Head Vet Dr. Donald Hudson and nurse Zoe Bradley. Image Credit: Di von Essen.

“I’ve been a volunteer here for three years,” said Bonita Holmes-Nu’u, a photographer when she isn’t volunteering.


“The day starts with a group meeting where we are allocated our tasks and koalas for the day. There’s a lot of training involved when you become a volunteer, but it’s mostly hands-on. I recommend it to anyone who is interested and can respect the fact that they are wild animals. As much as you want to cuddle them, you can’t.”


Keeping the koalas appropriately fed is a huge task assigned to its own plantation team of volunteers. Four days per week, this team goes out to collect leaves from preexisting plantations, harvesting ten per cent of the leaf from the larger trees. To feed one koala for a year takes one thousand trees, and they will only eat trees from their local area. This fact has implications for anyone trying to move koala populations from one location to another. To keep pace with the need for the correct species of trees, the Koala Hospital has put a call out to landowners in the area who have space for tree planting. The plantation team will go out and plant trees on your property so that, in the future, they can harvest the leaves as koala feed.


The funding recently received from the Federal and State Governments is earmarked for the Port Stephens Koala Hospital upgrade and operational expansion, which is to include things such as staff wages, a physical expansion of the hospital and clinic and training so that the clinic can serve all wildlife, not just koalas. The latter is a significant change to the operations of the facility. In addition, there has been a generous donation from the Cockbain Family Wildlife Trust to cover the purchase of a Supria Fuji Film CT Scanner.


“We’re very excited to be able to offer the same level of care that we offer koalas to all wildlife,” said Georgie.


“Our hospital is probably one of the most modern and equipped facilities of its kind for the treatment of native wildlife in Australia, and it seems crazy when there are so many animals in need, not to take advantage of that.”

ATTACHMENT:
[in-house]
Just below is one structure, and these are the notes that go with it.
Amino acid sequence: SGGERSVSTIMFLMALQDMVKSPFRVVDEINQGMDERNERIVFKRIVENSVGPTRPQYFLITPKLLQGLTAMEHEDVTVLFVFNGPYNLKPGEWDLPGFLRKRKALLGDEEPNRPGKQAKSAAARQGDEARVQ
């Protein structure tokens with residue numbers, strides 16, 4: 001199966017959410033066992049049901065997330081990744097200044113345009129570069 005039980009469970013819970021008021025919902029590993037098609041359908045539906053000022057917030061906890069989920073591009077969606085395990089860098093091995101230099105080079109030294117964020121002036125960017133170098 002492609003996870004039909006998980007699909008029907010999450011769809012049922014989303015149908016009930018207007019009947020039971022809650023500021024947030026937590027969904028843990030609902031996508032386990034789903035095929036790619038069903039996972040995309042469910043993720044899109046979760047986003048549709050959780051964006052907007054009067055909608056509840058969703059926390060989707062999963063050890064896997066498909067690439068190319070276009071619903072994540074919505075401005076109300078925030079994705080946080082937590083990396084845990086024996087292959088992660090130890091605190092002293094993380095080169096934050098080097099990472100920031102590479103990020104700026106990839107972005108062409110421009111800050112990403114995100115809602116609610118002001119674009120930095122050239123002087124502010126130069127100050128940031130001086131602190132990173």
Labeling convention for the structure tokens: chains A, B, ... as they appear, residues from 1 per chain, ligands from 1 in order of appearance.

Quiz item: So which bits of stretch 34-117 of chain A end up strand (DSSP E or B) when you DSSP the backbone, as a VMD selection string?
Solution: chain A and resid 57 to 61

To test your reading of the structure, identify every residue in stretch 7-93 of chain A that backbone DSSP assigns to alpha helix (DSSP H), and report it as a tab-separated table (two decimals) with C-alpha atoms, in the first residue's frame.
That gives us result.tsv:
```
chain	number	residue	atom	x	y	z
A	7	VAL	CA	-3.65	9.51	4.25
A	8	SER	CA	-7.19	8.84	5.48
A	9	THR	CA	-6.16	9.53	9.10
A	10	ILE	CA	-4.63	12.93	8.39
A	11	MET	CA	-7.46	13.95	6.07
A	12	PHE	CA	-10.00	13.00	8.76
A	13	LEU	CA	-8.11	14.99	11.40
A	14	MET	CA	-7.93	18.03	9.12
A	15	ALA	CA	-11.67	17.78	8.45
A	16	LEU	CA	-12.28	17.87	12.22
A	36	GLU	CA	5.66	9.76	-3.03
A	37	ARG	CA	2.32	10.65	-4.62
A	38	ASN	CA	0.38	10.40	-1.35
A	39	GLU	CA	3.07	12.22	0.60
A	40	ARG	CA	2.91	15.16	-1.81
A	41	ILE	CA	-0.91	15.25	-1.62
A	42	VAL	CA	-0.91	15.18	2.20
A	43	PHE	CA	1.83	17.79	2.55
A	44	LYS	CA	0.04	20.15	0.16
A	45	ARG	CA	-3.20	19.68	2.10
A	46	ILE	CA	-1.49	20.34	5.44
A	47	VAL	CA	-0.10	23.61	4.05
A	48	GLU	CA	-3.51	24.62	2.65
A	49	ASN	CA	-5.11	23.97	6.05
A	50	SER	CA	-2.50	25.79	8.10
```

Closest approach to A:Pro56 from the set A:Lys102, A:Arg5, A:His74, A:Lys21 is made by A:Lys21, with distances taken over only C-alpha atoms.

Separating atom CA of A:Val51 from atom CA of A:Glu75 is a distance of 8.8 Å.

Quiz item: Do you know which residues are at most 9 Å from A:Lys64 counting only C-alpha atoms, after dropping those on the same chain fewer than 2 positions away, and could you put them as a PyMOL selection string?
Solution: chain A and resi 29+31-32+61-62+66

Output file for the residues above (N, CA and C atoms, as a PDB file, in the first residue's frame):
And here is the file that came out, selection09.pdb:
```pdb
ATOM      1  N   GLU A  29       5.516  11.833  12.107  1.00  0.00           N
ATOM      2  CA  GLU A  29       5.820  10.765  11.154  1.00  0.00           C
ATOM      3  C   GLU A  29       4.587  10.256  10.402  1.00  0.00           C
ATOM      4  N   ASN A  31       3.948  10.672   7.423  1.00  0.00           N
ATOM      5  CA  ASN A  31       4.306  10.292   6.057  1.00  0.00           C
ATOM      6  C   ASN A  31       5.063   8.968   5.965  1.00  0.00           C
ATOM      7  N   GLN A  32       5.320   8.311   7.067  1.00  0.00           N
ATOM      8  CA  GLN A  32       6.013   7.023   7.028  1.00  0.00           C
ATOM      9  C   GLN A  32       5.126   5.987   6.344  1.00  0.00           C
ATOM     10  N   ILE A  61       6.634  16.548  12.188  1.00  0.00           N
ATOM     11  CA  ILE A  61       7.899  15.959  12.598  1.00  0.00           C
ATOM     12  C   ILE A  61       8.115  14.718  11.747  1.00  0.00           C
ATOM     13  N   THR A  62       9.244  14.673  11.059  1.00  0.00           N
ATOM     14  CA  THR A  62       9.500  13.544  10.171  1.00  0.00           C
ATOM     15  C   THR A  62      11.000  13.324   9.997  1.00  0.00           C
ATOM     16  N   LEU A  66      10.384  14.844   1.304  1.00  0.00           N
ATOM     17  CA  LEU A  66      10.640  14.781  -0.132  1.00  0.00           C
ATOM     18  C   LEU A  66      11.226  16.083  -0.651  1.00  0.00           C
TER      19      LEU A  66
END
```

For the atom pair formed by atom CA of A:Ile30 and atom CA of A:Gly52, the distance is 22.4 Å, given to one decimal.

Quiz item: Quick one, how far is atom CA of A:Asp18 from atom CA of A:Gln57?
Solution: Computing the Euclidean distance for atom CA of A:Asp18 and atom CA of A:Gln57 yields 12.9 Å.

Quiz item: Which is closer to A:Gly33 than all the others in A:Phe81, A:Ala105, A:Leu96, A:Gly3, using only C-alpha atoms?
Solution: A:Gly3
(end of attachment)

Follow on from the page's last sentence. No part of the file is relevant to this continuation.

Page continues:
The fact remains, however, that even with these generous donations and funding grants, the Koala Hospital will continue to rely on public donations to keep its doors open. The Koala Sanctuary, within whose grounds the Koala Hospital sits, is run separately by the Port Stephens Council and was set up as a tourism site to be self-sustainable. A percentage of what it earns is used to support the hospital.


With the Koala Hospital and the Koala Sanctuary celebrating their third birthday this year, the success of the facilities is undeniable and something for the local community to get behind and celebrate.


HOW YOU CAN HELP:

• Adopt a koala. These virtual adoptions are available online. You’ll receive an adoption certificate and photo and regular updates about how your koala is going.

• Donate. All donations are tax-deductible.

• Volunteer. Apply online to become a volunteer.

• Plant the right trees. If you’re a local landowner with space to plant some trees, contact the Koala Hospital and the plantation team will assess the situation to see if your land is suitable for growing koala feed. The trees will be provided free and planted for you.

• Do the right thing. Remember to slow down in areas where wildlife may be present. Keep your dogs inside at night. Always stop your car if you hit something and call the Koala Hospital rescue line on 1800 775 625 for free help with injured native wildlife.

• Go Shopping. There is an online shop full of fun koala-related gift ideas. Visit www.portstephenskoalas.com.au.


The KOALA HOSPITAL RESCUE LINE is 1800 775 625 for free treatment of injured native wildlife.


3RD BIRTHDAY CELEBRATIONS - MONDAY 25 SEPTEMBER

For a great day out, birthday celebrations include free gifts for every child, scheduled guided tours hosted by Sanctuary Ambassadors, cutting of the Official Birthday Cake, and Koala Talks by Port Stephens Koala Hospital. Check out our socials for more Birthday celebration information.